“These improving fatality rates are clear evidence that we can move the needle and that the efforts of so many are truly bearing fruit,” said Dr. Mary Scollay, who is an equine medical director at the Kentucky Horse Racing Commission.
Martin Garcia Has Big Saturday Riding 3 Stakes Winners
In May of 2010, Martin Garcia rode the Bob Baffert trainee Lookin at Lucky to victory in the 135th running of the Preakness Stakes at Pimlico Race Course. This past Saturday, Garcia rode another potential Preakness entry to victory when Cupid claimed the $900,000 Rebel Stakes (G2) at Oaklawn Park.
Garcia followed the Cupid win with a pair of stakes wins at Sunland Park on Sunday. For his efforts and stakes wins, Garcia was honored with the Jockeys’ Guild Jockey of the Week award for March 14th – March 20th.
On Saturday at Oaklawn Park, Garcia helped Hall of Fame trainer Bob Baffert get his sixth victory since 2010 in the Rebel Stakes with Coolmore’s Cupid. Making just his fourth start, Cupid showed a lot of heartand found a late gear as he dueled with Whitmore alongside at the 1/8 pole. Cupid fought off Whitmore to win the 1 1/16 mile Derby prep in 1:43.84. As the second-choice favorite at 5/2, Cupid paid $7.80 to win in the 14-horse field.
“He (Cupid) showed a lot of ability and we know he can run. He really proved today that he is improving. The distance doesn’t matter, he can go as far as he wants.”
Sunland Park was the destination on Sunday where Garcia would once again go wire-to-wire in the $415,000 Sunland Park Festival of Racing Stakes aboard Collected. After breaking on top Collected won by two widening lengths as the even-money favorite and covered 1 1/8 miles in 1:48.90 on a fast track. Collected paid $4.20 to win.
“I used a little bit of horse at the start, but once we got the lead he was cruising,” Garcia said. “When I asked him to go, he responded nicely. I think we even saved something for his next race.”
Trainer Justin Evans and Garcia teamed up to win the $100,000 Bill Thomas Memorial Stakes aboard Redneck Humor earlier on the Sunland Park Card. Redneck Humor went off at 5-1 and paid $11.60 to win.
Winning at the Fair Grounds While Playing the Pace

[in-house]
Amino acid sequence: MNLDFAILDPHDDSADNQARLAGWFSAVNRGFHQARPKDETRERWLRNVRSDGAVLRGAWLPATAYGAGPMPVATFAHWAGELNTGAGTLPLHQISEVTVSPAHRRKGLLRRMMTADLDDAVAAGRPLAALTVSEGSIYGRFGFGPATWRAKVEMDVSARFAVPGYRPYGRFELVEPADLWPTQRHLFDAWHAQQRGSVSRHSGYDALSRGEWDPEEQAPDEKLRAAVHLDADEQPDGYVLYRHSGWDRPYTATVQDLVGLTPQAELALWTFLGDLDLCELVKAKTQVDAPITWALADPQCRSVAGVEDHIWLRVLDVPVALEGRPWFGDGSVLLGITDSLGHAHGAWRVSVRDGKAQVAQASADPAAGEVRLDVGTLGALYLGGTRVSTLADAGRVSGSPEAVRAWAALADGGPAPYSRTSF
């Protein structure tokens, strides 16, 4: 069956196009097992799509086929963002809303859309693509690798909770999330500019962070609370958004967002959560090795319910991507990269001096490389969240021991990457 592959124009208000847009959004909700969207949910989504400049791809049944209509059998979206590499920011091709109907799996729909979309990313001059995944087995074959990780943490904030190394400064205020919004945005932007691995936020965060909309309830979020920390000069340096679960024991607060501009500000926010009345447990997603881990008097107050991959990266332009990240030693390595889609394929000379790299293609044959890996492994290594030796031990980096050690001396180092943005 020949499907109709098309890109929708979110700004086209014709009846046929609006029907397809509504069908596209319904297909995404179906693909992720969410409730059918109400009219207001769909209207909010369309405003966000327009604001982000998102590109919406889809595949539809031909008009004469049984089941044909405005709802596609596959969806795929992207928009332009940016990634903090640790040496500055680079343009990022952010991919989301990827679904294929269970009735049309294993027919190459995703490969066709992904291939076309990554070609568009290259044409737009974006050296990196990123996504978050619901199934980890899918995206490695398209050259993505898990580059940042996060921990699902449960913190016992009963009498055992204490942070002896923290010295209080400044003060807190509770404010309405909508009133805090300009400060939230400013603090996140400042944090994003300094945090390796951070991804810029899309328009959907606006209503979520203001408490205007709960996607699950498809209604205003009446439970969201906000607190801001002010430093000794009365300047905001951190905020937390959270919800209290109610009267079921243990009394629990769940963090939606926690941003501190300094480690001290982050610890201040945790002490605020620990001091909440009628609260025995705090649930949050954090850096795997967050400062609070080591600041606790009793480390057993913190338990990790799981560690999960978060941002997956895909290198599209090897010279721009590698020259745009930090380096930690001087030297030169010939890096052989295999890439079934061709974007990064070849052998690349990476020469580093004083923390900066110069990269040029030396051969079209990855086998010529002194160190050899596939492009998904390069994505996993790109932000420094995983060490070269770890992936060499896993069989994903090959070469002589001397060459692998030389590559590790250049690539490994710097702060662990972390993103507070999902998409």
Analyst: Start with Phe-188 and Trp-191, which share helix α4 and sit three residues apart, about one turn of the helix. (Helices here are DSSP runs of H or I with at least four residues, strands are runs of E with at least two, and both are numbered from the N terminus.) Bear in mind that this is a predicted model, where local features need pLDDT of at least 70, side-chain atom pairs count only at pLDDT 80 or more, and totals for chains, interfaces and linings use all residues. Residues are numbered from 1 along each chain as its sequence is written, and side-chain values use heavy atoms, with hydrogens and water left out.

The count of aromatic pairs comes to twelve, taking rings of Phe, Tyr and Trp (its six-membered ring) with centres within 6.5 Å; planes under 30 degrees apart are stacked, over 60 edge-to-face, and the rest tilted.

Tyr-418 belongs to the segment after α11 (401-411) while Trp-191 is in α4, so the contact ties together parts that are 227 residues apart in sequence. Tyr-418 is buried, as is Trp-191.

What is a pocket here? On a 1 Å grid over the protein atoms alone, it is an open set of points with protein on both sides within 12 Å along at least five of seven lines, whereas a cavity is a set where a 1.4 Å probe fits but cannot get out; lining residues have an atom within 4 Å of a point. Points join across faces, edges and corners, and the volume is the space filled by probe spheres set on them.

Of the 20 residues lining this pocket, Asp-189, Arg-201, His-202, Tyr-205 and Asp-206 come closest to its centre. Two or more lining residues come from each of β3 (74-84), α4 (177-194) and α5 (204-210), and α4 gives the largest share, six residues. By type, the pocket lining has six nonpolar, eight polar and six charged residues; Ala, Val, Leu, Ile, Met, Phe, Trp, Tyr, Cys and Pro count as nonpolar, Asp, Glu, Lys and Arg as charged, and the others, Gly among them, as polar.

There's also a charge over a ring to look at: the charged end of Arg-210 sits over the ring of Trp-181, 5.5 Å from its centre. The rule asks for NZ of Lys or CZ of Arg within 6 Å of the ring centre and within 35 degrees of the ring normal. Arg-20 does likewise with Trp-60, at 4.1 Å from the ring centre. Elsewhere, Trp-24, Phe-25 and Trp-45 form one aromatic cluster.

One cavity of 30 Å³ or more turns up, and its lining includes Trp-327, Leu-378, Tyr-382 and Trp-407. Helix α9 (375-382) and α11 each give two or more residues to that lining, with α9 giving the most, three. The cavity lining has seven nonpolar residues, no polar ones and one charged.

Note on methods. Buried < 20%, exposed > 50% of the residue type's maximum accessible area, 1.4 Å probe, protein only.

The 10th race at the Fair Grounds Sunday, March 20 features 11 fillies or mares four years old and up going about 1 mile on the turf. Gusting winds above 20 MPH are in the forecast later in the day, and we’re playing the pace looking at a longshot speed horse with a pure pace play setup.
Pace is the rate at which a horse race is run. ‘Pace makes the Race’ is a common saying and can be separated into two parts: early pace and late pace. In route races of one mile or longer, early pace can be defined as the first three quarters of a mile.
LOOKOUT MOUNTAIN (30-1) has yet to hit the board in three starts this year, but she’s worth a look at longer odds. She’s finished in the money six times in 13 starts with three wins. She closed 2015 with an allowance win at this track, and stretches back out following a six furlong race here February 28 in which she never fired from the outside and was wide throughout. Her form may not look to good to many, but the January 28 race in which she broke from the 11 post and was on the lead through ¾ mile before fading on the dirt suggests she may be fine and likely stronger against similar now on the turf. The race prior on January 18 was against stronger also going a mile on the dirt and she was just one length off the lead at the ¾ pole before also fading.
Twice this year the connections have tried to get her on the turf but the races were washed off. Lookout Mountain showed the strong gate speed from a wide post in her recent turf race before fading in a speed duel. Track speed is king in turf routes favoring early running style. Lookout Mountain is the fastest horse in this field and breaks from the rail with blinkers added. A potential to stay on the lead exists with proper pace, and bettors need to be on the Lookout and at least include her in exotics with a chance to steal this on the front end at long odds.
We’re two weeks away from the $1 million Xpressbet.com Florida Derby (gr. I), and witnessing an epic showdown between Mohaymen and the undefeated Nyquist.
In a training session held earlier today, Mohaymen showed why he’s considered the top East Coast three-year-old Triple Crown prospect. In a five-furlong work at the Palm Meadows’ main track, Mohaymen destroyed the course in a time of 1:01.
His splits were timed at: :13 2/5, :25 1/5, and :36 3/5. He went an extra furlong, going six furlongs deep in a time of 1:15.
“He went great; just what the boss asked for. It was perfect,” said exercise rider Miguel Jaime. “We’re just getting ready. He feels great, like a Ferrari, you know? We’re doing good so far, looking forward to the Florida Derby.”
Jaime has been Mohaymen’s regular exercise rider since the multiple grade II winner out of Shadwell Stable relocated to South Florida in the beginning of last December. It was the second work put in by Mohaymen since winning the Xpressbet.com Fount of Youth (gr. II) last month.
“It’s a pleasure to be on a horse like that,” said Jaime. “He’s getting better every day, every race. He’s getting stronger, bigger. We haven’t seen him really run yet. We expect him to run a big race. He hasn’t shown everything. We’re in a good spot right now. Today, everything went good.”
Mohaymen has one last scheduled work on March 25th prior to the Florida Derby.
The Florida Derby will be headlined by the two favorites to win the Kentucky Derby, but that doesn’t mean they’ll be the only two horses involved. Fellowship will continue to seek his first stakes victory and is going up against the best in the business in an effort to accomplish this feat. He’ll probably have to wait for that first win even longer than April 2nd.
Currently, the Jacks or Better Farms product is a serious longshot to win the first leg of the Triple Crown and does not have futures odds just yet.